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Thoughts on using anti-seize on lug studs

Discussion in 'The Hokey Ass Message Board' started by BONNEVILLE BOB 95, Aug 30, 2010.

  1. hotrod_32
    Joined: Mar 8, 2006
    Posts: 496

    hotrod_32
    Member

    Use it on all my stuff !
     
  2. BJR
    Joined: Mar 11, 2005
    Posts: 7,154

    BJR
    Member

    I have even used it on the big center hole of mag wheels to keep the wheel from sticking on the axle.
     
  3. Offy 220
    Joined: Sep 29, 2009
    Posts: 255

    Offy 220
    Member

    Travis,

    I have heard the same regarding over-the-road trucks - illegal in some or all states. We use Yard Hustlers in the Port which have 11R22.5 tire/wheel assemblies [same as some on-highway trucks]. Usually we use a small amount of anti-seize on the threads and also around the hub. We change tires so often because of flats or problems with recaps-we have noticed the lugs and threads last longer because of the lubricant.

    Offy 220
     
  4. BronxMopars1
    Joined: Jan 17, 2009
    Posts: 890

    BronxMopars1
    Member
    from Bronx, NYC

    To me its like Franks Red Hot! I Put That shit on Everything!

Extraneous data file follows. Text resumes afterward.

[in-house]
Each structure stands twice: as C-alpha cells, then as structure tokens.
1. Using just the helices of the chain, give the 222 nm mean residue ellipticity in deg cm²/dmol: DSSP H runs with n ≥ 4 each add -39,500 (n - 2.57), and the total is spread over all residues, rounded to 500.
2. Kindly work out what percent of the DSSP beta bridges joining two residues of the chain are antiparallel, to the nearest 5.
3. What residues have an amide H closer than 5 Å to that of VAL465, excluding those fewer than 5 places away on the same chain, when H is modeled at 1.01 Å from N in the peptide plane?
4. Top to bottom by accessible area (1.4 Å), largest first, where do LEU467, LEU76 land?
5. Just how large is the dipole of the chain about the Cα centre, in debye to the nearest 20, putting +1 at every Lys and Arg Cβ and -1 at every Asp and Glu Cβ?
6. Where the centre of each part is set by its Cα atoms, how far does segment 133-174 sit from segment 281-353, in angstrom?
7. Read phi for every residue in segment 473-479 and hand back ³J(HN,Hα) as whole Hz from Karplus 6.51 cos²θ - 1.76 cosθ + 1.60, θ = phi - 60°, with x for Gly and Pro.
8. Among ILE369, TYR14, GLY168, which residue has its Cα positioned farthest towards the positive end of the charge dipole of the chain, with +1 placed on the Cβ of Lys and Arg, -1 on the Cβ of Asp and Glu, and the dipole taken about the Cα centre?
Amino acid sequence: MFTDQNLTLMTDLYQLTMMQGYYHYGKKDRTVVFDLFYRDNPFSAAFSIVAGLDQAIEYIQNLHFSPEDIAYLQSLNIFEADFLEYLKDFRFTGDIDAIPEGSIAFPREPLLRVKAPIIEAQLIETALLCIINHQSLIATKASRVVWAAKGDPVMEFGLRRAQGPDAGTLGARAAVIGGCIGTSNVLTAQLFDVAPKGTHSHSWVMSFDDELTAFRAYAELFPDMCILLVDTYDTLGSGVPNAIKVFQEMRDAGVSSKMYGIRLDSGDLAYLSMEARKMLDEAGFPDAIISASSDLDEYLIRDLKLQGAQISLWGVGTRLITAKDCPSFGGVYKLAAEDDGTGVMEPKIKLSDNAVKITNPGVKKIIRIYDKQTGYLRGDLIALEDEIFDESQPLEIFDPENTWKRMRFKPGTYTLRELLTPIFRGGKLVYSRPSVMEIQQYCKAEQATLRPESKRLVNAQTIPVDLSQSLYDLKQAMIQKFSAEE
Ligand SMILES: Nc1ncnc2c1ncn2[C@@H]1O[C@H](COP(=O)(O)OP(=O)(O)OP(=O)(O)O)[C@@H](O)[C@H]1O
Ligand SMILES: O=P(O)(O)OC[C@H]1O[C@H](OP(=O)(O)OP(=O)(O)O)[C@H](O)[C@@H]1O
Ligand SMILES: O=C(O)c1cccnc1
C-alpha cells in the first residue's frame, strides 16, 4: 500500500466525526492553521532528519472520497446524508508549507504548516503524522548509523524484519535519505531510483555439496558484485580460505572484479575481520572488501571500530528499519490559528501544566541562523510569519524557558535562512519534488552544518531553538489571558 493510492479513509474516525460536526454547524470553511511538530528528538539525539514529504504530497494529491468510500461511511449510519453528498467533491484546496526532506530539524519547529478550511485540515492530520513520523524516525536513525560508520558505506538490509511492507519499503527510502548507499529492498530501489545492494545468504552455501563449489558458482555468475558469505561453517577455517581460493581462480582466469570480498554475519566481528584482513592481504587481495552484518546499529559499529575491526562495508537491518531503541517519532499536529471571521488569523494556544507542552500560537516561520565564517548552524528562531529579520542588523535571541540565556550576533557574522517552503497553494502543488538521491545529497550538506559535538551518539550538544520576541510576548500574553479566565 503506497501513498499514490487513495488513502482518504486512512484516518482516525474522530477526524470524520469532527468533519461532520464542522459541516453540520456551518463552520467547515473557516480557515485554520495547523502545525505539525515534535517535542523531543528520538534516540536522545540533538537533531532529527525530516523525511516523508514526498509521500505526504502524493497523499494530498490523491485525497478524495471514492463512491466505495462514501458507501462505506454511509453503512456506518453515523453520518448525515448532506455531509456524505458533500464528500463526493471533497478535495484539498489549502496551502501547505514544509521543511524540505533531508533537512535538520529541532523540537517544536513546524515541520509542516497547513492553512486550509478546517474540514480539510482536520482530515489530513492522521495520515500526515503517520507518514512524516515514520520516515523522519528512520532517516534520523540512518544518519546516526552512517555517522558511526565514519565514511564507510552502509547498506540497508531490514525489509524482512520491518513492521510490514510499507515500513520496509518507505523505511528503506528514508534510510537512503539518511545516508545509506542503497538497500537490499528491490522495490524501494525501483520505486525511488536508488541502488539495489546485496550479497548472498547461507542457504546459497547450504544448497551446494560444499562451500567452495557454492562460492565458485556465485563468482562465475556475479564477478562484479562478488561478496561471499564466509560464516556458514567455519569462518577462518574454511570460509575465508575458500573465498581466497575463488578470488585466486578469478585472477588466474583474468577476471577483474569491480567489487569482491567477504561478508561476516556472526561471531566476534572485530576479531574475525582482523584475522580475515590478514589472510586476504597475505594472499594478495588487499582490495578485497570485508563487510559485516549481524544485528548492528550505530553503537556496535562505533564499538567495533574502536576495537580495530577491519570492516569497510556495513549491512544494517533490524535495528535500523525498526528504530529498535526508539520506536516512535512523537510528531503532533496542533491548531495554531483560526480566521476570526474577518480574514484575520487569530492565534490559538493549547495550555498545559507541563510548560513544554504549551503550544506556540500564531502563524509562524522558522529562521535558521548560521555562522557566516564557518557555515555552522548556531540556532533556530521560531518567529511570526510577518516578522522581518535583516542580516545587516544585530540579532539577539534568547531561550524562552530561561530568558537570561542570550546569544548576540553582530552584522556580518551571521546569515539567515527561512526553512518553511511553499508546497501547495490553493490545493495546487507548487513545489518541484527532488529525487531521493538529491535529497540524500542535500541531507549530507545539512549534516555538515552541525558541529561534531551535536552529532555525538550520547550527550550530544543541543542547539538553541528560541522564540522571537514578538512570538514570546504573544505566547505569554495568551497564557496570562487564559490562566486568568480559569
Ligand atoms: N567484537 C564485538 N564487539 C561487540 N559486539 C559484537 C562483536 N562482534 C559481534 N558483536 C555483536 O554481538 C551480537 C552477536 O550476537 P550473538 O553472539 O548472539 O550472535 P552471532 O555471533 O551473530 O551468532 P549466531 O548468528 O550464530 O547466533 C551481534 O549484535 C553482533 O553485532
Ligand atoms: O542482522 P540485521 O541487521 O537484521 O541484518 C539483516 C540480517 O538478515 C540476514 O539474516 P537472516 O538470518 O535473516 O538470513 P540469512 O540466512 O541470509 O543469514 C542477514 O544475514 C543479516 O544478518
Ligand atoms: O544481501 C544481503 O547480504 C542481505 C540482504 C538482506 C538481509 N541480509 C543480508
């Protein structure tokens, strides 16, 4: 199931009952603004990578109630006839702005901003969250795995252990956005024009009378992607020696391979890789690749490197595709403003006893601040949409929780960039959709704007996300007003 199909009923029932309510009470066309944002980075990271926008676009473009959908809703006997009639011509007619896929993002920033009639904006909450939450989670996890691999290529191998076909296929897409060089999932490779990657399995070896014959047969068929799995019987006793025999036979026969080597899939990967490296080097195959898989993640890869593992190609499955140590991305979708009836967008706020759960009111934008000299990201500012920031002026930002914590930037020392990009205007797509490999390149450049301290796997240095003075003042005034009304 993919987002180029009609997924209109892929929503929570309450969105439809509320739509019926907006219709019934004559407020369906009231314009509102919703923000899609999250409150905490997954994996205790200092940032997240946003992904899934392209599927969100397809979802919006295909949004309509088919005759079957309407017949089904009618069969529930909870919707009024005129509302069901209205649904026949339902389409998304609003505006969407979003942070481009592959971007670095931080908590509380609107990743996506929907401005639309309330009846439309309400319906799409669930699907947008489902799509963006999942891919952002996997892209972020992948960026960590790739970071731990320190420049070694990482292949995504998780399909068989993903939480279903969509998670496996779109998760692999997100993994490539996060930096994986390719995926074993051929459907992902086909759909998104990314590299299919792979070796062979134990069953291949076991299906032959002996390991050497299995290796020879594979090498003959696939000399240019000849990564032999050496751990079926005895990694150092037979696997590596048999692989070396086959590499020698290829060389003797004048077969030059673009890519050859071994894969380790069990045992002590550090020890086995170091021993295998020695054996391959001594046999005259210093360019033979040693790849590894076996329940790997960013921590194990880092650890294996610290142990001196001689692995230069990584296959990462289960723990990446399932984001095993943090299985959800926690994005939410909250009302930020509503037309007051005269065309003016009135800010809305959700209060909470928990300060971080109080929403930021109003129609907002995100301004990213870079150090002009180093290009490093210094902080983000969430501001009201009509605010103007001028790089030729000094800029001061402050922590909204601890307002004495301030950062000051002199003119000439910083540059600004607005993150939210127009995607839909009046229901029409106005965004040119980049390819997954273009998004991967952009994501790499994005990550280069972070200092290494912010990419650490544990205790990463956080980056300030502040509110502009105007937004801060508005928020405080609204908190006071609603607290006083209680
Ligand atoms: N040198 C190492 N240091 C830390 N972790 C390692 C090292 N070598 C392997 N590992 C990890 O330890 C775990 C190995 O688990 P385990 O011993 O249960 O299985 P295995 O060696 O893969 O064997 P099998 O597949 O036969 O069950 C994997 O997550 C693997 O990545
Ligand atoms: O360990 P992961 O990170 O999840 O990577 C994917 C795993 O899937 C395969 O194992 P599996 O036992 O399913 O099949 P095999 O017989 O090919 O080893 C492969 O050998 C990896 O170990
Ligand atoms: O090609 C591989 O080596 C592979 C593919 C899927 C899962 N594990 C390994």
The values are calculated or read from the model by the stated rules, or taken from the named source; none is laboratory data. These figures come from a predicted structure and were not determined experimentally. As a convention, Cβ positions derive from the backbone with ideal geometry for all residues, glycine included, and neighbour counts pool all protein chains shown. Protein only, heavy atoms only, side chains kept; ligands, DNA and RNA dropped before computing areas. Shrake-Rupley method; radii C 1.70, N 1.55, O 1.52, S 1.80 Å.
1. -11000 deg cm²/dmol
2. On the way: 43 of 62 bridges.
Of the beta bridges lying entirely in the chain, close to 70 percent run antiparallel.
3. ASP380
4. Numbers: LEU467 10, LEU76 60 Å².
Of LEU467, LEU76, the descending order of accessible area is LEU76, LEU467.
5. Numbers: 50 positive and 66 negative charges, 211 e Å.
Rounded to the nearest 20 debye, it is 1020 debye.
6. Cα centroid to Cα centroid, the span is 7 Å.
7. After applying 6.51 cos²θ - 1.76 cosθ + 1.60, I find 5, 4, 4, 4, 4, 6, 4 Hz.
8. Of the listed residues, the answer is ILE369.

5. Von Rigg Fink
    Joined: Jun 11, 2007
    Posts: 13,426

    Von Rigg Fink
    Member
    from Garage

    always..
    just a real thin coat..a little dab will do ya.

    nothing worse than galling up a stud or 2
     
  6. pitman
    Joined: May 14, 2006
    Posts: 5,110

    pitman

    The never, or anti-seize will prevent corrosion from locking up the threads. The point Diavolo makes about over torquing matters as well. There may be a proper torque value, for a lubed fastener/lug. Once it's tensed, it ain't gonna unwind.
     
  7. Offy 220
    Joined: Sep 29, 2009
    Posts: 255

    Offy 220
    Member

    Yep, same here - I'm guilty. :)
     
  8. moter
    Joined: Jul 9, 2008
    Posts: 1,137

    moter
    Member

  9. RidgeRunner
    Joined: Feb 9, 2007
    Posts: 906

    RidgeRunner